The computational complexity of Fib(n) is not a property of the list of (input, output) pairs. Indeed, asking what the computational complexity of a function is sort of assumes you don’t have such a list, because otherwise there’s always an algorithm that’s very fast: look up the output in the list! Fastness is under the assumption that the list is ordered by the inputs, but the point remains. Let’s exclude this algorithm from consideration. One reason is that that algorithm doesn’t give a finite upper bound on Kolmogorov complexity, which means, in my opinion, that even though you wrote down an algorithm you didn’t grok the function.

Instead complexity is a property of the algorithms themselves. Assuming that the cost of the arithmetic is constant even for large numbers and we have enough floating point precision, the obvious recursive method is exponentially expensive, the iterative method linear in n, and the best method actually only costs $\log(n)$. People might say something like “Fib(n) takes $\log(n)$” which can be desugared into “The Best Possible Implementation® of Fib(n) takes $\log(n)$” where ® is a special form conveying the agreed-upon caveat “aside from already having the answer and just looking it up”. I always know how to make a function take longer

(define slowfunc (lambda (n) (begin (pause (anyPositiveFunctionOf n)) (func n))))


but unfortunately I don’t know how to develop a working implementation of (pause (anyNegativeFunctionOf n)); indeed, some levels of the complexity hierarchy collapse if you have access to a closed timelike curveClosed timelike curves can cause other concerns, because you can wind up with paradoxes such as the grandfather paradox. Interestingly, quantum mechanics cures these issues! . What I’m driving at is that if you want to define the complexity of a function itself and not just an algorithm, one sensible way is to ascribe it the minimum over all possible correct algorithms.

If you’re a mathematical constructivist, you might object to the idea that the busy beaver exists in any meaningful sense, since nobody can tell you how to make such a list. If you’re even more “practical” than a constructivist you might decide that only functions whose minimum computational complexity is small enough are useful/good/handy/etc. In particular functions whose min complexity are polynomial in the size of the input are considered tractable. These problems form the class FP. Under polynomial time reductions, these functions are all equivalent. For functions that are easier than FP, you’ve got to use reductions that take less time, but for functions that are harder than FP, continuing to use polynomial reductions seems to make sense since such reductions are fast to make.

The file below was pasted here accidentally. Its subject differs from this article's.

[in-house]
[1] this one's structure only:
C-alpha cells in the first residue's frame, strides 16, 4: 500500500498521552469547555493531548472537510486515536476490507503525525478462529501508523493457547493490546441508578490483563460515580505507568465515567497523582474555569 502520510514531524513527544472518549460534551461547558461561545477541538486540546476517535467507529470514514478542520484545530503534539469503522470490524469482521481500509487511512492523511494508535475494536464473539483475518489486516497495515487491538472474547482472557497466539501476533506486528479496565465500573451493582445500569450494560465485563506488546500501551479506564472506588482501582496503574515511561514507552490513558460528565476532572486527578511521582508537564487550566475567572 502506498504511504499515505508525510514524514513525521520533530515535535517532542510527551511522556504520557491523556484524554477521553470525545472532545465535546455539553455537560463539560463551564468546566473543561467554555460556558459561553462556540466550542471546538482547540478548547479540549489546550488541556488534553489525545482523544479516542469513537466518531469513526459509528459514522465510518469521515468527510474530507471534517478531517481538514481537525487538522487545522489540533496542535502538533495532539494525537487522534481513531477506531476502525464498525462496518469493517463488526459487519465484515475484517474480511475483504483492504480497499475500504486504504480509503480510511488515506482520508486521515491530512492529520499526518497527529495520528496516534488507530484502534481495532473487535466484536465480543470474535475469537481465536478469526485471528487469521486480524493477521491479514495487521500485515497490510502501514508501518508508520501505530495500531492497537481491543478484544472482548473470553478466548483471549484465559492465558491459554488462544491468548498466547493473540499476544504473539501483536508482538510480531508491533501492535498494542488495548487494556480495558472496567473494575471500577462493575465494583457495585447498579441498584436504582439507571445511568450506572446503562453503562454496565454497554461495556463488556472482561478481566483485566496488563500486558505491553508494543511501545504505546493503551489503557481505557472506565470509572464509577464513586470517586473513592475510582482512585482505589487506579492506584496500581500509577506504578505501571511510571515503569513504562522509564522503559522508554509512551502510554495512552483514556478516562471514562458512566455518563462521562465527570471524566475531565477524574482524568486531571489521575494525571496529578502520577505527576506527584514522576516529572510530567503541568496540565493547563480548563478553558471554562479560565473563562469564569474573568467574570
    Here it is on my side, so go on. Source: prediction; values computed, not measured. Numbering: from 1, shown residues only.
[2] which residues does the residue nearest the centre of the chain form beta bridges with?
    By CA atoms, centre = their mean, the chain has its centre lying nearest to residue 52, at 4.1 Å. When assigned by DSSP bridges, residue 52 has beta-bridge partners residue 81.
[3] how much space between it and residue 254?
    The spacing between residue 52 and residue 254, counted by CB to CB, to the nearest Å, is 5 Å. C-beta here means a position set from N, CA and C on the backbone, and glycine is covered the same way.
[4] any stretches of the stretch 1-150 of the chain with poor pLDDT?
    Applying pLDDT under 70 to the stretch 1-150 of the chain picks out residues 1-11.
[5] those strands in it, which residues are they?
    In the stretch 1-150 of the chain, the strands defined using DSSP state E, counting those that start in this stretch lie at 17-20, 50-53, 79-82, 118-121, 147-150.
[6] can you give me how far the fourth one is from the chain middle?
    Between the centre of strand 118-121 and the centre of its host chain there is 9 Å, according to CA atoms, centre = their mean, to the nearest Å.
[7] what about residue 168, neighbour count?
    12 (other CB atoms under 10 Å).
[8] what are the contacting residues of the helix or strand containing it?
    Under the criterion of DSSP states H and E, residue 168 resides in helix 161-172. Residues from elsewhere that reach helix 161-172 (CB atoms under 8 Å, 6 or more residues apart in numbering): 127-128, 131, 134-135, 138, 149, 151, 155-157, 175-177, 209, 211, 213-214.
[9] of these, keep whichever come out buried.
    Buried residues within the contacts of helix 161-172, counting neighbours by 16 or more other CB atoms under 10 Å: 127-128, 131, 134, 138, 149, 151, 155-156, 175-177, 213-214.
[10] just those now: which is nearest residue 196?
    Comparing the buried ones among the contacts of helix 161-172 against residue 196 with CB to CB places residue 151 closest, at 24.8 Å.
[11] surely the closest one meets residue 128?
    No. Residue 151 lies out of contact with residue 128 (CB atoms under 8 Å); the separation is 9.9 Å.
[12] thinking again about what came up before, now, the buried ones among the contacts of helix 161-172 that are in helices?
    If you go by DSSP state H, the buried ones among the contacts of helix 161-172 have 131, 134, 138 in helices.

SO FINALLY let me get to the question about tuples like ((input/output pairs) big-O space-requirements). First, the only thing I can meaningfully imagine adding to this list to characterize an algorithm is how many random bits are required as a function of n—which is not quite the same as allowing for state, though it kind of feels similarly disruptive to the notion of a pure function. Even pure functions, though, can have probabilistic algorithms that compute them. You might also want to characterize how the algorithm parallelizes.

I would say that the only really meaningful function-describing tuples are tuples like ((input/output pairs) complexity-class), while the only meaningful algorithm-describing tuples are tuples like ((i/o) big-O space randomness). Two algorithms that are the same in big-O are, in broad strokes, usually implementing the same idea, while two functions differing in big-O might be in the same complexity class but are nonetheless really different ways of thinking about the problem. A great example is sorting. Insertion and selection sort are the same $\mathcal{O}(n^2)$ and really embody the same way of thinking: go get the next one from the remaining ones. Contrast them with merge sort $\mathcal{O}(n \log n)$ and radix sort $\mathcal{O}(\text{numDigits} * n)$ which are qualitatively different thinking: divide-and-conquer and wait-what-oh-that’s-cool. So even though these algorithms are all poly time, I’d classify the first two as the same and the others as different.

June 12, 2013